Emotions and feelings -some wear them on their sleeves and communicate how they are feeling while others run as fast they can away from any type of uncomfortable feelings or from communicating about it.
This is so true! I am one of the runners. I believe that for me it was due to not having a parents or supportive environment to show me or talk about the importance of dealing with emotions. I was raised by foster parents and guardians where I was to be seen but never heard. No one ever asked me to share how I felt and I didn’t want to trouble them with my problems. I dealt with emotions by keep them locked up deep inside. My thought was that I would try to forget the emotion or feeling and deal with it later. My way to deal with emotions and feelings as a kid and a young adult was to play basketball – I mean hours and hours of shooting basketballs by myself. As I got older, graduated college, established a career, got married and had children I did not have time to spend hours and hours shooting hoops to work through my emotions or feelings anymore. Not having a way to dealing with emotions can lead into ways of coping that are not healthy.
I admire people who can say how they feel. It is a great honor for me when someone shares their feelings with me. Sometimes just having someone there to listen is all they need to make them feel better. Although I am not good with communicating how I feel, it has made me a better listener and has helped me learn to help others with emotions and feelings as they work through the grieving process. We learn something from everyone we meet whether we recognize it at the time or not.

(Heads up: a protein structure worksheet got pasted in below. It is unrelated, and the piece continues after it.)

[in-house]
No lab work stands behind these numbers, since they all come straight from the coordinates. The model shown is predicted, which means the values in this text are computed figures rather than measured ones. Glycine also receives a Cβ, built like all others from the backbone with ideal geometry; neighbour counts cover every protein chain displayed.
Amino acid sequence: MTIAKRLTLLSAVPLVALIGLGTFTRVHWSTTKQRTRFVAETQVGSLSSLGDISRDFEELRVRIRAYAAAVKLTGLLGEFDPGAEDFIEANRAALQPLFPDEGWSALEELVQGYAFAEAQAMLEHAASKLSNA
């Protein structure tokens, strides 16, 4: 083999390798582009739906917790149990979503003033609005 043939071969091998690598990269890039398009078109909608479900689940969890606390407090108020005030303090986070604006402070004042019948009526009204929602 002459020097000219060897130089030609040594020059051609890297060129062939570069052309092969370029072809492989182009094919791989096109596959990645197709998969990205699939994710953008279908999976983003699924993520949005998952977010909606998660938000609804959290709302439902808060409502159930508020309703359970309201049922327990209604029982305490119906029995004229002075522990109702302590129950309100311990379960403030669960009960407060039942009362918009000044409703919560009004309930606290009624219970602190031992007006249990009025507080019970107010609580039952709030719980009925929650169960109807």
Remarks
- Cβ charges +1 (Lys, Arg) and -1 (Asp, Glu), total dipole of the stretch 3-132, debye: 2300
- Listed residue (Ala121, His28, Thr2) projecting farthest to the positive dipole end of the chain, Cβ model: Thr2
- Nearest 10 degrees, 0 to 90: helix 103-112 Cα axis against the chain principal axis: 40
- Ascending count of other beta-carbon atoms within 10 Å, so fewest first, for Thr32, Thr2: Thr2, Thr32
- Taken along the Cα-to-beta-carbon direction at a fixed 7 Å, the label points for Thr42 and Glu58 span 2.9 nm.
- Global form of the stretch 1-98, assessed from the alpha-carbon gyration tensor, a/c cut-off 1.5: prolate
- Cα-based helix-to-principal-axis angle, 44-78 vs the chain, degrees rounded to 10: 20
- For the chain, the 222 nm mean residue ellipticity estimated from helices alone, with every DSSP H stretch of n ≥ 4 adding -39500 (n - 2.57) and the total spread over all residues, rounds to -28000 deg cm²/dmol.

Every family I meet with will tell me stories about the kind of person their loved one was. Taking the time to enjoy listening to these stories provides me, as a funeral director, the ability provide a more personalized, one of kind service for the family. These personalized services will make us cry and sometimes laugh. If you can help a family and friends attend a service and let them cry, laugh and feel a range of emotions it can help with the acceptance of the death and coping with the grief.
There is no right or wrong way to grieve. There is no time-frame to follow. What is important is that we recognize that grief is a natural response to loss and our journey is our own. The journey may start with creating a personal tribute to the person we’ve lost to honor the life he or she lived. Knowing, as community members, friends, family, and other loved ones arrive to share in the tribute to his or her memory, that we are truly not alone in our grief. It is shared by those who love us and who loved our loved one.
Finding support is important in a time of grief. Whether it is with a family member, friend, therapist or minister take time to communicate your feelings and work though the process of healing. Time may not heal all wounds, but it can make it less intense.